New Research Area: Algebraic Coding Theory

Over the past year or so, I’ve been transitioning my research to a more applied area, Algebraic Coding Theory; as a youngish PhD staring down the barrel of another job search, this was partially strategic. Another part of it was that this area just seems interesting; in school I had a few graduate classes in the area, so I thought I’d give it a try. It lets me flex my linear algebra muscles, but in a more applied direction. I’ve heard potential employers love that.

I’ll give a quick overview of the area, but this will just be a sketch. If you want to dive deeper, check out this book by Guruswami, Rudra, and Sudan. Essentially coding theory deals with the problem of communicating information over what’s called a “noisy channel”, where there is a significant, but hopefully small, chance that the message will be corrupted in some way. These are a familiar occurrence to anybody who’s had a dropped call on a cell phone, or if you try to play a Playstation game, but have a CD which has a few scratches on it, or if you’re an engineer who wants to communicate with the Voyager satellites as they travel further and further form the solar system. In all of these cases, some of the information is lost in transmission.

For example, if you wish to send the message c = (c_1, c_2, c_3, c_4) the noisy channel might corrupt it to \hat{c} = (c_1, e, c_3, c_4) where e \neq c_2. The game then becomes to pad the original message with a sufficient amount of excess information so that we can recover the original message. In this case let us think about each c_i as an element of the field \mathbb F_2 \simeq \mathbb Z / 2 \mathbb Z= \{0,1\}. This is what is called the “alphabet” of our code. Then we can construct 16 “codewords” by selecting either a 0 or 1 for each of the entries in c. However, if we try to send (0,1,1,0) but the noisy channel intervenes and instead the receiver gets (1,1,1,0), we have no way to tell even if there’s been an error, much less where the error occurred. So we need to pack it with enough redundant information to survive.

Among the first (and certainly the most famous) of the codes that could correct any one error that occurred during transmission is the Hamming code, named after Richard Hamming. Here’s a link to a playlist of his lectures about Information Theory (of which coding theory is one of the sub-fields). Lets think about the following picture.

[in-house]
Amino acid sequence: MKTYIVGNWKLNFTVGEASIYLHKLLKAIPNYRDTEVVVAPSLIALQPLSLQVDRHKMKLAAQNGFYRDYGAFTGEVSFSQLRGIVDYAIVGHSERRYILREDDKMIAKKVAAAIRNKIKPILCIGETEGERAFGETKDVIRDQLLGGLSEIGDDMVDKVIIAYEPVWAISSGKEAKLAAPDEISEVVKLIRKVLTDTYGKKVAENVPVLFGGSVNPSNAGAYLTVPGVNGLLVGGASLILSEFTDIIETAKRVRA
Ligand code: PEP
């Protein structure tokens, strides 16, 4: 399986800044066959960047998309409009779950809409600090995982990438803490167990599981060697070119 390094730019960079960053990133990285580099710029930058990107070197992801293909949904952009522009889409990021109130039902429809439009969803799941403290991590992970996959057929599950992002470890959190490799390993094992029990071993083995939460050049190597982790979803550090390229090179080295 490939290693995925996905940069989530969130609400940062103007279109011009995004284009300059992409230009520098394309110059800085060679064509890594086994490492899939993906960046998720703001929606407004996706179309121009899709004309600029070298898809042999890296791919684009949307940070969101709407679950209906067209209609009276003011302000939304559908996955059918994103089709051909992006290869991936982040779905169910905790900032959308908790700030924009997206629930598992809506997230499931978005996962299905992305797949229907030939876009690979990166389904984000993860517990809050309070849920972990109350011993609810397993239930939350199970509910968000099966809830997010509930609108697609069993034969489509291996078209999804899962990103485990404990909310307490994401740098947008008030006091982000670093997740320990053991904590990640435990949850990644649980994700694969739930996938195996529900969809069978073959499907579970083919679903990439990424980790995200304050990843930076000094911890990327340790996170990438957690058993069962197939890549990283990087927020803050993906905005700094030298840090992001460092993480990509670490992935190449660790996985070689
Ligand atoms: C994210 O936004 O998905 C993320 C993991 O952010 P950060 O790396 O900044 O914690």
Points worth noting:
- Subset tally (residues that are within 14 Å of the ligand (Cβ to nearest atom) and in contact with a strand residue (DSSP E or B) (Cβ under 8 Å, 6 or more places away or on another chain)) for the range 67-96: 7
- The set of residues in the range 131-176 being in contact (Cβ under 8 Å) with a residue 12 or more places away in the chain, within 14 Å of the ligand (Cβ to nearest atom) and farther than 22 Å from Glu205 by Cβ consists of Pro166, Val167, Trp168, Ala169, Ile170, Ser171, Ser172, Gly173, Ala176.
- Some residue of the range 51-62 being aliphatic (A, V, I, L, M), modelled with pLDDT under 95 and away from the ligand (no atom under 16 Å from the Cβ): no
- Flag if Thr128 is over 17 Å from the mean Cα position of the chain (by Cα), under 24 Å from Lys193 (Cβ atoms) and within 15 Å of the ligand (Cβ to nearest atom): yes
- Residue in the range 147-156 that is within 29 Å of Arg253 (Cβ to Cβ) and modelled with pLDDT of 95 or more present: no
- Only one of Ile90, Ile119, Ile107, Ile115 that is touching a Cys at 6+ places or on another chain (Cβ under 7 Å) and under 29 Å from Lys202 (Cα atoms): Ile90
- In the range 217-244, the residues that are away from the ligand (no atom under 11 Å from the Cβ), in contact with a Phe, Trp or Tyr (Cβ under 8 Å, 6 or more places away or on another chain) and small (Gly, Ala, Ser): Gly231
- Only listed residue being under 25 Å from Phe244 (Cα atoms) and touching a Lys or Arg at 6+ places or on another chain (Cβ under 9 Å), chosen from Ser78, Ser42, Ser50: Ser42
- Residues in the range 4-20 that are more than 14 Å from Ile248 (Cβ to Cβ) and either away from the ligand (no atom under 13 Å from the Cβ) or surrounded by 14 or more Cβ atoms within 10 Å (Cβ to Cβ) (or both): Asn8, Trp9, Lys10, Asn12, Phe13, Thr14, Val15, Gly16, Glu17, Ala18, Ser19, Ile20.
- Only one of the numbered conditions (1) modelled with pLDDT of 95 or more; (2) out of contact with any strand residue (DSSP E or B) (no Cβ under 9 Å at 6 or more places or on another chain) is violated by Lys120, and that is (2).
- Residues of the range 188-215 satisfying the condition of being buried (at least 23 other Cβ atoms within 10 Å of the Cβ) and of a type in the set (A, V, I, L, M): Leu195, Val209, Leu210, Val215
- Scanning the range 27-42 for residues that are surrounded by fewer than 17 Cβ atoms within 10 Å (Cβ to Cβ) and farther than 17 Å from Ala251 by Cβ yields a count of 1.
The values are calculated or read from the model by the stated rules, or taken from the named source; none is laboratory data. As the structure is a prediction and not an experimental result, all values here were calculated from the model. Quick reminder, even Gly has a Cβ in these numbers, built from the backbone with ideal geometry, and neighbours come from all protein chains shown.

We will think about the d_i‘s as our information bits, while the three p_j are our “parity bits” which change value based on the values of the d_i‘s. The rule for choosing the values for the parity bit is that every circle must have an even number of 1‘s. So for the message (0,1,1,0) that you wanted to send, you would incorporate the parity bits at the end of the message to get the “codeword” c = (d_1, d_2, d_3, d_4, p_1, p_2, p_3) = (0,1,1,0,1,1,0) based on the parity rule.

Now say that we had an error occur in the first place and our friend received (1,1,1,0,1,1,0). Then the friend could put those values into the diagram and then see that the circles containing p_1 and p_2 both have an odd number of 1‘s, but the third circle didn’t have an issue. Hence the error occurred in the overlap of the first and second circles which is not contained in the third circle. Hence d_1 is the location of the error. This works no matter the message you choose and the location of the error. This “decoding algorithm,” however, can only handle a maximum of one error.

For those of us with some knowledge of linear algebra, this can be re-formulated as a vector space over \mathbb F_2. The rule that every circle needs to have an even number of zeros can be written as a system of homogeneous linear equations in \mathbb F_2.

\displaystyle \left\{\begin{array}{rcl} d_1 + d_2 + d_4 + p_1 &= &0\\ d_1 + d_3 + d_4 + p_2 &= &0 \\ d_2 + d_3 + d_4 + p_3 &= &0 \end{array}\right.

Then the codewords that follow the ‘even circle rule’, the “valid codewords are precisely the kernel of this matrix

\displaystyle H = \begin{bmatrix}1 &1 &0 &1 &1 &0 &0\\1 &0 &1 &1 &0 &1 &0\\ 0 &1 &1 &1 &0 &0 &1 \end{bmatrix}

As the set of valid codewords is the kernel of H, it must be a subspace of the vector space \mathbb F_2^7.

Alternatively we can also think about the following set of equations that we get by moving the message bits to the right hand side (remember that we are doing addition mod 2, so “+” is the same as “-“)

\displaystyle \left\{ \begin{array}{rcl} p_1 &= &d_1 + d_2 + d_4 \\ p_2 &= &d_1 + d_3 + d_4 \\ p_3 &= &d_2 + d_3 + d_4 \end{array}\right.

Then the set of valid codewords is the row-space of this matrix

\begin{bmatrix}1 &0 &0 &0 &1 &1 &0\\ 0 &1 &0 &0 &1 &0 &1\\ 0 &0 &1 &0 &0 &1 &1 \\ 0 &0 &0 &1 &1 &1 &1 \end{bmatrix}.

In my research I look at “linear” codes, by which we mean that they are vector spaces. So we can use techniques from linear algebra to define them. The next post will be a bit more of a deep dive into some of the more technical aspects. But remember, if your mind starts swimming, go back to this post to just get a reminder of what the point is for all of this.

Until next time, and I promise it won’t be a year before the next post.

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